You may not care that your info is exposed, but just think: stalkers and abusers can easily find you via people-search sites. Some of you may only experience an avalanche of spam from robocalls or annoying emails, but others can be seriously impacted by public personal data, especially if it’s incorrect. 

Another serious threat that can hit a random person is swatting. In December 2017, a 28-year-old was killed because he was the victim of a prank call that ordered authorities to go to his house. People can access your home address online, and use it for pranks, stalking, and the list goes on. 

And beware: we are all super susceptible to identity theft.  

Recent statistics show that 1 out of every 10 people in the USA falls victim to identity theft each year. The so-called “social engineers” trick you into giving out sensitive information, and then use it to steal your identity. Why? So they can gain a financial advantage, or obtain credit and other benefits in their name. 

Things can go as far as medical identity theft! For example, a thief could get medical care like expensive surgery or prescriptions under your name. Just imagine finding out that you’ve paid for someone’s nose job and an ensuing course of Prozac. Yikes.

How dare they! Is this even legal?

Unfortunately, it is totally lawful to post information gathered from publicly available sources. Since it is already available to the public, people-finder sites do not violate the law by sharing your personal details on their sites. It’s crazy, isn’t it?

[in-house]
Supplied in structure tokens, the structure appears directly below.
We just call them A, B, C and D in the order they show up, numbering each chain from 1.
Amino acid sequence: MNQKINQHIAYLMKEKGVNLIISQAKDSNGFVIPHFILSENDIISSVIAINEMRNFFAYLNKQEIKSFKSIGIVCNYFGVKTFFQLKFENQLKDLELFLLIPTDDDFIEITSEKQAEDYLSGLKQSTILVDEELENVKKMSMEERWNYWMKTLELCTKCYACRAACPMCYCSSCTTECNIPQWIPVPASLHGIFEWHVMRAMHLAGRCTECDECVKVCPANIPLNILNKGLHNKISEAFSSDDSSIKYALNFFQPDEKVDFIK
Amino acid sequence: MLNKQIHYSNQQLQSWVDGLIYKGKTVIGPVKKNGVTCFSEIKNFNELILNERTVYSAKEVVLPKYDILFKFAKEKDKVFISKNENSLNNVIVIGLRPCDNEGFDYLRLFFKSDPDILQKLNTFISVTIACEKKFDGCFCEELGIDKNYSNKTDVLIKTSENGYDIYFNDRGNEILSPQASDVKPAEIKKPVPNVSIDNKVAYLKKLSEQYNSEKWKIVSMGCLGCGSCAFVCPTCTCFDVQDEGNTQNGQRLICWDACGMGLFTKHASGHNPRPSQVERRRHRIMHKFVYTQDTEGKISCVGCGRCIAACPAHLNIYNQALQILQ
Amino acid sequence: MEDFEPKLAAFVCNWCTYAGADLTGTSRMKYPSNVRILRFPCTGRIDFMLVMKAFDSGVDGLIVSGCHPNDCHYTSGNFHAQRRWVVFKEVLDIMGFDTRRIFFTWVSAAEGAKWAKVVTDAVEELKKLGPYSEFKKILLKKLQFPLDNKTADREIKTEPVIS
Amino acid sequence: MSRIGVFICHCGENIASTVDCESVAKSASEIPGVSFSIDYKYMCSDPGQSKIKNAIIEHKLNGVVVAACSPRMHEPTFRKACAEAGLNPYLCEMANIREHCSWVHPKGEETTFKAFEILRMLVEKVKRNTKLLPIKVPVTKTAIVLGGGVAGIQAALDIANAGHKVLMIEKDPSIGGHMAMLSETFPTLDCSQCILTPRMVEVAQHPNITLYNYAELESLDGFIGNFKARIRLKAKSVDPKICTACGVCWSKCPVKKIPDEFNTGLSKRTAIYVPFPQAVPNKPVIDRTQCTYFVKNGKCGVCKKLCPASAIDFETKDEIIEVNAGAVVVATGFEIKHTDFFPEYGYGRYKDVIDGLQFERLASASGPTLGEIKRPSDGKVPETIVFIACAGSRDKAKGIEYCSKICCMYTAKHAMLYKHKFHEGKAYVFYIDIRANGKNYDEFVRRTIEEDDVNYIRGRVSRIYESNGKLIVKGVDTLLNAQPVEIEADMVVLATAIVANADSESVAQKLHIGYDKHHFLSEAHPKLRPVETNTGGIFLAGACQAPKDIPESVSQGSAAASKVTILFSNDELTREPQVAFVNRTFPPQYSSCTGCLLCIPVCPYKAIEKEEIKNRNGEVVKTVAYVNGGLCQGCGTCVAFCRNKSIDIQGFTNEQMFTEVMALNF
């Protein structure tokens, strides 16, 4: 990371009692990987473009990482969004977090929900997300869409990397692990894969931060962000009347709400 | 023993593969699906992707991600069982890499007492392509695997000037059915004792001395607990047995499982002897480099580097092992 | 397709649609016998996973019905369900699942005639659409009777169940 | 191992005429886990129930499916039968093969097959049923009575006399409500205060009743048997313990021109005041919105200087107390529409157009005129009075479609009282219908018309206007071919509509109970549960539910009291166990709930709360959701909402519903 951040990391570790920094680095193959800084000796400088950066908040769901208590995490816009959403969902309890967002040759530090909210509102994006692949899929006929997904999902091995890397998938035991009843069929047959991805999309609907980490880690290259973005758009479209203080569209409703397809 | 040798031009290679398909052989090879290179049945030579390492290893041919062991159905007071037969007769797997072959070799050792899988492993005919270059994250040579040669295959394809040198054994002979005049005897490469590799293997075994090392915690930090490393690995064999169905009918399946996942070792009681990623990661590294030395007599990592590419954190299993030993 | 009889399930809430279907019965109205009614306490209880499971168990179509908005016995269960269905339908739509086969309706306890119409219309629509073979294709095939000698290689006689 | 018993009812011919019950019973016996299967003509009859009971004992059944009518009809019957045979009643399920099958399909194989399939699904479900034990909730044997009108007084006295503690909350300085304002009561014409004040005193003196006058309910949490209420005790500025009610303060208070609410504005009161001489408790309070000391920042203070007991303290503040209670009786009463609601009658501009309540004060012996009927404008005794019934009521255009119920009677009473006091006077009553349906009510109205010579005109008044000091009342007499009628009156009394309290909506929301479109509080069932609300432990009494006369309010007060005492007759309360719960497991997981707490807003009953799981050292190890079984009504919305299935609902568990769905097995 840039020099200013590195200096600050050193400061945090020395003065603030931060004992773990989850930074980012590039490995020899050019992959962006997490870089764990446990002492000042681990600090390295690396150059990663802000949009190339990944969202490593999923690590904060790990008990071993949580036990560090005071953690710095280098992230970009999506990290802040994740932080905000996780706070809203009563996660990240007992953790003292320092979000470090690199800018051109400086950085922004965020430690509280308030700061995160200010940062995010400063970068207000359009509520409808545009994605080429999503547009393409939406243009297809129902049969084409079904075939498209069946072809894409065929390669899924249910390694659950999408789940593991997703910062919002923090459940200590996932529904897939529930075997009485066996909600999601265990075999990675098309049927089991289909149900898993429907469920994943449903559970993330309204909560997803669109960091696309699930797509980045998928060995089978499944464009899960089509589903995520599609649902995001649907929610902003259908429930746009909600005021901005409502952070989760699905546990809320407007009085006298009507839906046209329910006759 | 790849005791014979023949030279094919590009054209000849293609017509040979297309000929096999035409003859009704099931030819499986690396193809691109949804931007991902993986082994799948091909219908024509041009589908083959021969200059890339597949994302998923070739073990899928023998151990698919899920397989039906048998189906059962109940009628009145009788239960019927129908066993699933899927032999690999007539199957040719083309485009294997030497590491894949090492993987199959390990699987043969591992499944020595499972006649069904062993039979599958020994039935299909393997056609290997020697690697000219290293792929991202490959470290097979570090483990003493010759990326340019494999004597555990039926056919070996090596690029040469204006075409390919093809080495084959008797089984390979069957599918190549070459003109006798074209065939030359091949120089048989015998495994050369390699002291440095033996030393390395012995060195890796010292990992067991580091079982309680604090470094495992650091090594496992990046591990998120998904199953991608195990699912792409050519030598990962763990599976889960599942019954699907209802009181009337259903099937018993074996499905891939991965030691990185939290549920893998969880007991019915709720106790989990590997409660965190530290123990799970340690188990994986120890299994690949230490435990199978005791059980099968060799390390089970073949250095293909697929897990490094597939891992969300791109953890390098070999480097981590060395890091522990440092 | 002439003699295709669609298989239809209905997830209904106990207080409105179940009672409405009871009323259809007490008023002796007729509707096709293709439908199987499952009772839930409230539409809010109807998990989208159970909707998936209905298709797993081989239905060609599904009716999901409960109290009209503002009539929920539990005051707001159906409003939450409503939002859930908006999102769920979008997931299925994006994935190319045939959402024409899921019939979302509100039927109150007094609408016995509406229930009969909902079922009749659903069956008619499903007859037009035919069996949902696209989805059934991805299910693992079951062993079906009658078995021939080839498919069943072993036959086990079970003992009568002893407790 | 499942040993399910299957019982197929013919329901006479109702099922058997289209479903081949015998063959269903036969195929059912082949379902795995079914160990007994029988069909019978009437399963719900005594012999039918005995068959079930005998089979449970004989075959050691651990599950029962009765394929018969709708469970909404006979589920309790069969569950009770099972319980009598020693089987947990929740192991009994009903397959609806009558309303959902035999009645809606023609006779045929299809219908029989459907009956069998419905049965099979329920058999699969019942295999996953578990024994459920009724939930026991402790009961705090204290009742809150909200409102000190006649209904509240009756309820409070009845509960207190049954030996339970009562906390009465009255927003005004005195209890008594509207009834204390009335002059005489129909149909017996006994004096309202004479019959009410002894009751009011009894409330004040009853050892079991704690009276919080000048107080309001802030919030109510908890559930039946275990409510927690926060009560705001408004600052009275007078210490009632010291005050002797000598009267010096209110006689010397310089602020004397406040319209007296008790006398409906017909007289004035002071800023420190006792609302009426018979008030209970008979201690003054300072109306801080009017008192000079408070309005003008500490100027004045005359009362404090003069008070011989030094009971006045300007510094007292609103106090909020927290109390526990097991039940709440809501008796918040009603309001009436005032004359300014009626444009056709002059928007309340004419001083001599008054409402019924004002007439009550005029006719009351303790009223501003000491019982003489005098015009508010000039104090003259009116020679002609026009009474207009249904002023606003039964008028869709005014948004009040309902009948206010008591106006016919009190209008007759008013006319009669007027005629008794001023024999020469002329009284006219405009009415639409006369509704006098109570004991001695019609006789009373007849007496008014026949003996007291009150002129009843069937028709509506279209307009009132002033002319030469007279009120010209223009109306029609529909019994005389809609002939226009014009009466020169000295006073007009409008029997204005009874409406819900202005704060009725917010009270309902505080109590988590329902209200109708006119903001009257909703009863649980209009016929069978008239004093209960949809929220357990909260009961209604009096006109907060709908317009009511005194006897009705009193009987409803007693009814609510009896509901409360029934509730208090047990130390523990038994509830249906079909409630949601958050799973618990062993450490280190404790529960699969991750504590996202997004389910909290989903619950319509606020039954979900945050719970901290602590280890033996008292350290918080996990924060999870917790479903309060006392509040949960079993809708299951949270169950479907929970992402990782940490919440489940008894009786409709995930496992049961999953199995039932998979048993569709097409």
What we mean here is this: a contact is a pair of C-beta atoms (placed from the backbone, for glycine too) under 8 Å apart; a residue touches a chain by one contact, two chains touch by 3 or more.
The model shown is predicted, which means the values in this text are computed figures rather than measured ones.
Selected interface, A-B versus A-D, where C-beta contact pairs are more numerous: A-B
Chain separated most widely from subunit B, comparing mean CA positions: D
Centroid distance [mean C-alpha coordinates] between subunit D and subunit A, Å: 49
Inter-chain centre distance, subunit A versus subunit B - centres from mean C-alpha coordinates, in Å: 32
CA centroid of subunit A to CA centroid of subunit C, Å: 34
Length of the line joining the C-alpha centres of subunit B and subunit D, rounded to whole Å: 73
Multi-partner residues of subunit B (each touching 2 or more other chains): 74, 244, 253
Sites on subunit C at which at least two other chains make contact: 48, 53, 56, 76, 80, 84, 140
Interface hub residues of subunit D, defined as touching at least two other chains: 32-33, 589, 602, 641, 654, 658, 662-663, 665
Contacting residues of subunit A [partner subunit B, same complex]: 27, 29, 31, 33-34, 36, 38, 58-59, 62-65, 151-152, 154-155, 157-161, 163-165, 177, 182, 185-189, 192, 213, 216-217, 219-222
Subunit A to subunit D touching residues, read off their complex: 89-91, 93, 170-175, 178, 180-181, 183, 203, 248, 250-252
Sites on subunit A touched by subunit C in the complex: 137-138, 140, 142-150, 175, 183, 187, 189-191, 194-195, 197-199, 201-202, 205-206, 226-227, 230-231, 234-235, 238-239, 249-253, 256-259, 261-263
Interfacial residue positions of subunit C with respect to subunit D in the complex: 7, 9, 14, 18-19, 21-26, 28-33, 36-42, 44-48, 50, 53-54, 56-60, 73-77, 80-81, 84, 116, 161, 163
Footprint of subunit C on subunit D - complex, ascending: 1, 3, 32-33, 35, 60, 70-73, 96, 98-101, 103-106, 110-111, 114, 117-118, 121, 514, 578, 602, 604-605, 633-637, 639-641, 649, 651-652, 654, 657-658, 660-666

You may not be able to sue data brokers, but there is a solution – you can get your info off the web! 

What can I do to protect myself?

Getting people-search engines to remove your information is time-consuming. The good news? It’s definitely possible. The law is on your side: it requires all data brokers to comply and remove your information upon request. And yes — all sites have a data removal procedure.

Every site offers a unique way to remove your data. For example, PeekYou opt-out differs from MyLife opt-out, PeopleFinders opt-out, or Instant Checkmate opt-out (and the list goes on). And it can get complicated. 

But we can help you out! Our cybersecurity team has studied all removal procedures and devised detailed instructions for 350+ people finder sites. Follow them to delete your sensitive info from people-search engines manually or check out the Onerep tool for automated removal.  

Our next post in the data broker series will arm you with practical how-to tips and tricks to help you opt out of top data brokers visited collectively by over 130 million people every month. 

Stay tuned for more useful stuff from Onerep cybersecurity team! 


IMG 4593 Dimitri Shelest Founder and CEO at Onerep

Dimitri is a tech entrepreneur and CEO at Onerep. As an avid proponent of privacy protection in the workplace and in private life, Dimitri is keen on sharing his expertise in cybersecurity and privacy matters and is regularly published on various platforms.